Magazine article Editor & Publisher

Why the Superstores Reject Newspaper Ads

Magazine article Editor & Publisher

Why the Superstores Reject Newspaper Ads

Article excerpt

When a Wal-Mart or a Home Depot or a Sam's Warehouse breaks ground out by the interstate, one of the downtown businesses that starts quaking is the local paper.

Chain discounters are simply bad news for community papers, whether free- or paid-circulation.

Some publishers, in fact, believe that the continuing expansion of these big stores has already changed-the community newspaper industry for good.

"I think weekly publishers are going to have to adapt to the loss of the mom and pops and the transfer of retail dollars to the large warehouse stores," said J.J. Blonien, president of Enterprise Newspapers of West Allis, Wis.

If the effects of the advertising policies of big discounters are well known, the reasons for those policies are not much discussed.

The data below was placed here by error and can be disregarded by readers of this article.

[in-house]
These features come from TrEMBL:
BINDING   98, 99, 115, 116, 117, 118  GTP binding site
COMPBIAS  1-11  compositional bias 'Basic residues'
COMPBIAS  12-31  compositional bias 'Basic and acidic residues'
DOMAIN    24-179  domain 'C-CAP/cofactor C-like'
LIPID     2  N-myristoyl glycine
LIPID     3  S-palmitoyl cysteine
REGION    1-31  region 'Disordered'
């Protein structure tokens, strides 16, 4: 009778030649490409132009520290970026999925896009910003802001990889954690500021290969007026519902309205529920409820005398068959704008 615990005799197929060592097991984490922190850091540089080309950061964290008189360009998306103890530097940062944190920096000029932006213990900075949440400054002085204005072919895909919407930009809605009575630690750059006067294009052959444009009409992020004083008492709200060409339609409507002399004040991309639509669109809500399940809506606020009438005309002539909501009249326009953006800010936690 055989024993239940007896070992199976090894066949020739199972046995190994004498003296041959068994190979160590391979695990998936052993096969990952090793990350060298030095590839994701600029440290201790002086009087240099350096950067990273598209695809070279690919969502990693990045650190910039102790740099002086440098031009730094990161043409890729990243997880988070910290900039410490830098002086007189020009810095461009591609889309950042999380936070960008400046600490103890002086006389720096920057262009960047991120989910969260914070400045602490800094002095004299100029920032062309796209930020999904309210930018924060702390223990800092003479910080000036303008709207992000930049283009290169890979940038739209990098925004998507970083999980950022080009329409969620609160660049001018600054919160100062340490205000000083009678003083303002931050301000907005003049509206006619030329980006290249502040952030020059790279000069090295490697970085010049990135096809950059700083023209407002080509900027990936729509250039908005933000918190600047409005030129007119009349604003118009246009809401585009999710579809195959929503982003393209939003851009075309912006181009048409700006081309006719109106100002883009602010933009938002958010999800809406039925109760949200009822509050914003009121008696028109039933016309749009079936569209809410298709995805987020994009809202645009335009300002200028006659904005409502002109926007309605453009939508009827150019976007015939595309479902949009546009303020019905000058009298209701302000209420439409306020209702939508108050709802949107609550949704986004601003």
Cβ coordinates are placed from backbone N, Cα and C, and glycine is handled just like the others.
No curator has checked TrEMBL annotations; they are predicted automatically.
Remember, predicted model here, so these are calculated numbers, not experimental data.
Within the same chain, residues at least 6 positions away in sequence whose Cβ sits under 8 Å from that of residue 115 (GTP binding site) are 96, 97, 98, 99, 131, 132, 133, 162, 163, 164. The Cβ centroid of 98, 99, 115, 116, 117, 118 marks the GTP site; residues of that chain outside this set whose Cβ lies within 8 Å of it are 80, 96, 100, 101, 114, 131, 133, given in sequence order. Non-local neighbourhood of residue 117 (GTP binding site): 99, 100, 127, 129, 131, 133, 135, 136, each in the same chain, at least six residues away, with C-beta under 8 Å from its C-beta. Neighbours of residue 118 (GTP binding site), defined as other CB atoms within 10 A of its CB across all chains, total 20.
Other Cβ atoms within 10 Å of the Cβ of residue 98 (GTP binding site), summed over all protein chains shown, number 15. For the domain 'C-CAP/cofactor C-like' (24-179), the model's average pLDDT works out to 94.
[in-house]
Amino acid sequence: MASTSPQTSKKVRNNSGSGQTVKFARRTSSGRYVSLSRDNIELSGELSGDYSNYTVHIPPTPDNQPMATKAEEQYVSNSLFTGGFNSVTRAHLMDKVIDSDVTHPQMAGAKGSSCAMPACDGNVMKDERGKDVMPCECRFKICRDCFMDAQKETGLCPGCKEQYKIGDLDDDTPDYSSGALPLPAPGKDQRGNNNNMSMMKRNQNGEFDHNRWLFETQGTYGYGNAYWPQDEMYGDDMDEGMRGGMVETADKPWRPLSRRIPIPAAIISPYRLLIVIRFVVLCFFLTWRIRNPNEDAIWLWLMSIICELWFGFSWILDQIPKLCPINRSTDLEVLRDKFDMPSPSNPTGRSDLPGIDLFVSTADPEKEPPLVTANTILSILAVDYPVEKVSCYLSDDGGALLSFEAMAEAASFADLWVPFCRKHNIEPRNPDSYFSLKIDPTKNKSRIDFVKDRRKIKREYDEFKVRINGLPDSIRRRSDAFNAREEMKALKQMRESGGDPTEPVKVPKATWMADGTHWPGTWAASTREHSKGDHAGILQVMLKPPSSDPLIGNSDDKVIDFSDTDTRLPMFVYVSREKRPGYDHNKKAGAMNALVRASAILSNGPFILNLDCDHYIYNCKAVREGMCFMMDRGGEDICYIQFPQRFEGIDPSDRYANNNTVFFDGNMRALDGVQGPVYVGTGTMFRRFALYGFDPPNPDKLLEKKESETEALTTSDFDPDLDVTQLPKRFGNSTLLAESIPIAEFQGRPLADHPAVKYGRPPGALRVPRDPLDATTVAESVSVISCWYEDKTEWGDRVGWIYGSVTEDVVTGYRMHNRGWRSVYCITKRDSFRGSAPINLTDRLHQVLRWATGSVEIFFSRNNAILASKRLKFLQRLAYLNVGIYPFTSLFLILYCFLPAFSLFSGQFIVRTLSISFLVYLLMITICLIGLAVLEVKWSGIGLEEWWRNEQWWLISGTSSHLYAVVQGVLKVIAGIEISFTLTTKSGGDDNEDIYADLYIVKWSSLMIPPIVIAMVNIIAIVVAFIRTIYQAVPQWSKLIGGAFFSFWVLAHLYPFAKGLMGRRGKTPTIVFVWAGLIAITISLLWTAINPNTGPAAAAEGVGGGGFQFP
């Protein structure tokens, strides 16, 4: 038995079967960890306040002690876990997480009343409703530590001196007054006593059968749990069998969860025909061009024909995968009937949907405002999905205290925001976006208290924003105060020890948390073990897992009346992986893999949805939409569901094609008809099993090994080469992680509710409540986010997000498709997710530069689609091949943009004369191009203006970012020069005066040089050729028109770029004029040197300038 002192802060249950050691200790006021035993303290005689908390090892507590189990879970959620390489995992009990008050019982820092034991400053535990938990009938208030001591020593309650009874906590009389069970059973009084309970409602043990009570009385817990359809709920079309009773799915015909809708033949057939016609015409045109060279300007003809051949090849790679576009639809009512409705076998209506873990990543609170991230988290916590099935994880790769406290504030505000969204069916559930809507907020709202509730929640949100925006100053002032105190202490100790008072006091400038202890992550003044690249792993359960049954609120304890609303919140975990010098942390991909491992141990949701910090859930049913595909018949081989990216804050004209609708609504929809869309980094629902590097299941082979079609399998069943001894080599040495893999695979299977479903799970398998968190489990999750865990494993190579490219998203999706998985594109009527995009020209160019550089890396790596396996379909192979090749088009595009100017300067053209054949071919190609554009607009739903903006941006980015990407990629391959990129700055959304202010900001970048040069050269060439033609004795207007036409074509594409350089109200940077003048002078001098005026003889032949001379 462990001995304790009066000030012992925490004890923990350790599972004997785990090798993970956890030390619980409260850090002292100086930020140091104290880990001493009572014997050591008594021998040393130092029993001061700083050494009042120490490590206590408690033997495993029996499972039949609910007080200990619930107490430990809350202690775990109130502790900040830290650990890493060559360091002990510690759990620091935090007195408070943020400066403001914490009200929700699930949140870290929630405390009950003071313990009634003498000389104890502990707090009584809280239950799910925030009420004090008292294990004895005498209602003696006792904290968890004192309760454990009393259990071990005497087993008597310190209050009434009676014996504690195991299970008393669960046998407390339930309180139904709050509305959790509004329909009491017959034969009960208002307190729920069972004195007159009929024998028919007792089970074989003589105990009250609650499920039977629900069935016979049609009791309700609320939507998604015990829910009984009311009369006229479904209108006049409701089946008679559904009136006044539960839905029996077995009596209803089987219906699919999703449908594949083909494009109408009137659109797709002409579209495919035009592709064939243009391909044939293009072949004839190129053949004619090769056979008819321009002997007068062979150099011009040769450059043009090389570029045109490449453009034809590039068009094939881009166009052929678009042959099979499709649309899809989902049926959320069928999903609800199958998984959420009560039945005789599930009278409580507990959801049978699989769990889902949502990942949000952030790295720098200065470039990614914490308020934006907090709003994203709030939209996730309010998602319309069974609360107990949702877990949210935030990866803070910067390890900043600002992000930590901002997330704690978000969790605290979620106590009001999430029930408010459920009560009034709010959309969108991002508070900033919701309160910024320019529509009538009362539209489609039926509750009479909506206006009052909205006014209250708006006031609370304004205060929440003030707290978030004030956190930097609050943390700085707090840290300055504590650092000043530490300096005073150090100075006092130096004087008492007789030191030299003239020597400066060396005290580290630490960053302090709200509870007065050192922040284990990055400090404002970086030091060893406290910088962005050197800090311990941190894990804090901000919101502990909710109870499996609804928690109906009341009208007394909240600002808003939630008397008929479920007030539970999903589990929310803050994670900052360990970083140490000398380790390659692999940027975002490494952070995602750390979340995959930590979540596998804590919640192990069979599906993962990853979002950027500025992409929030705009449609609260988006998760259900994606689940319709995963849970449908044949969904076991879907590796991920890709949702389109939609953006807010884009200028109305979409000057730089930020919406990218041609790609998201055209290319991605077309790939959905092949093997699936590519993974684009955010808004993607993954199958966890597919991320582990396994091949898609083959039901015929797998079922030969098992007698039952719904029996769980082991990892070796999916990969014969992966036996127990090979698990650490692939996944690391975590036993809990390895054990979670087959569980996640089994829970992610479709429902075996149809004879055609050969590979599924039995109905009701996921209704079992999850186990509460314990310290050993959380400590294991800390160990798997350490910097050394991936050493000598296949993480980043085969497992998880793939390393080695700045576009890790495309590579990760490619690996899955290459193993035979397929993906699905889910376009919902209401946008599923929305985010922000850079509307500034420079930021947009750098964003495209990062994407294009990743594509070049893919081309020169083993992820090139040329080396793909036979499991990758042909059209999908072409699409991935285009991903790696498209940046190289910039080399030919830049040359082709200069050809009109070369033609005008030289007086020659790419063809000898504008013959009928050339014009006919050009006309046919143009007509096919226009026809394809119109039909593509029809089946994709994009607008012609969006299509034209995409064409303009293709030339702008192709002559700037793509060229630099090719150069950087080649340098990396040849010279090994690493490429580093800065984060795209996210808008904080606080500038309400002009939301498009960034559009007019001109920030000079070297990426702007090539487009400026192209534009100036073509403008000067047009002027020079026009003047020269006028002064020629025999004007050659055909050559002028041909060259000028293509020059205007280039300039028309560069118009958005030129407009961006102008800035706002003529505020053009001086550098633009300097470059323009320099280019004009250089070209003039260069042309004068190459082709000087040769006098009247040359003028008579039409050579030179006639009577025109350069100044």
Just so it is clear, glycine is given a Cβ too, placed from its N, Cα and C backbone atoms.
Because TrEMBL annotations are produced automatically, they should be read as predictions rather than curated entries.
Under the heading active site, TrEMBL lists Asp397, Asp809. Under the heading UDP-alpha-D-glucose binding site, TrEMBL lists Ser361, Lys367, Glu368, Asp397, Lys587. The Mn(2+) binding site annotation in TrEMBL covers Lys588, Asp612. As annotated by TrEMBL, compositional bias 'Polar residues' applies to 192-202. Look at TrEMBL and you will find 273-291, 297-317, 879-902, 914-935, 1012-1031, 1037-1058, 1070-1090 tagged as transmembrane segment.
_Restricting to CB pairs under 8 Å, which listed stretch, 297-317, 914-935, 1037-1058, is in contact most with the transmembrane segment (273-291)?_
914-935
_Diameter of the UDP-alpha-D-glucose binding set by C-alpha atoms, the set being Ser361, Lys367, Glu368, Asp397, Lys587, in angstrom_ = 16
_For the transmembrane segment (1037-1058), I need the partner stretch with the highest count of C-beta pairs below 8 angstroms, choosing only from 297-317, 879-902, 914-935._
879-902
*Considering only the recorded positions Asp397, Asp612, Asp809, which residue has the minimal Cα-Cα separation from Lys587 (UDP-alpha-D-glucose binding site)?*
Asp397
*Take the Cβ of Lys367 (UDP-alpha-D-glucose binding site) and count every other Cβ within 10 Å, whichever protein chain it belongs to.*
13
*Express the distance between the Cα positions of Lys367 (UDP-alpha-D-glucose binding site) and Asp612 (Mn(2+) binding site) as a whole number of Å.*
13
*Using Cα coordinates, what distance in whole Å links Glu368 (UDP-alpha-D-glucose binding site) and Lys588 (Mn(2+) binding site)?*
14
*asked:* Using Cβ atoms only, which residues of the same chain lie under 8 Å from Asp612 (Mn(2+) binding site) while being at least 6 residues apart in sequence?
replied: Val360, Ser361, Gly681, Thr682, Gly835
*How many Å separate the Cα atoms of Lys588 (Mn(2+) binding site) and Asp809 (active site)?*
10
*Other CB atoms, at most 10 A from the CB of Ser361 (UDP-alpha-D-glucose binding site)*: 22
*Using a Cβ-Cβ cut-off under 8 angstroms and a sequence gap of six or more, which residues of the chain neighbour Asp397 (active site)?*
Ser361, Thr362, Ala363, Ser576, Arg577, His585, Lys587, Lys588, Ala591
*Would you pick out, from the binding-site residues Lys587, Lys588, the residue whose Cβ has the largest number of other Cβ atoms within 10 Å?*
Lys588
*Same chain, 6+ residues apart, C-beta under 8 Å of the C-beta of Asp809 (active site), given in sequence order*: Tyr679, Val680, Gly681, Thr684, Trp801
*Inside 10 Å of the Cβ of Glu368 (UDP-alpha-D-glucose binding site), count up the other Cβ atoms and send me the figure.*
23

To find out what big stores want from community paper publishers, the joint convention in Atlanta of the Association of Free Community Papers and Suburban Newspapers of America asked an executive from one of the most aggressively growing discounters to speak.

Publishers heard an earful.

From the very start, Frank Greenfield, media director of Atlanta-based Home Depot, twitted community papers.

"I'm glad to be here," he began. "The newspaper industry is one of my special... um... challenges."

Newspapers, Greenfield declared, are stubbornly resistant to change.

"Newspaper, I find, is one of the most shortsighted mediums [sic]. It's very frustrating. When revenues are down, their first response is to raise ad rates," he said.

"Further, newspapers often dismiss new ideas by simply declaring, 'We don't do things that way,'" Greenfield said.

Newspapers also tend to be inconsistent, he added.

"There are some excellent newspapers out there--and there are some that are good for lining bird cages," Greenfield said.

Despite all this, Home Depot does use newspapers--although Greenfield clearly gave the impression that it is a grudging use. …

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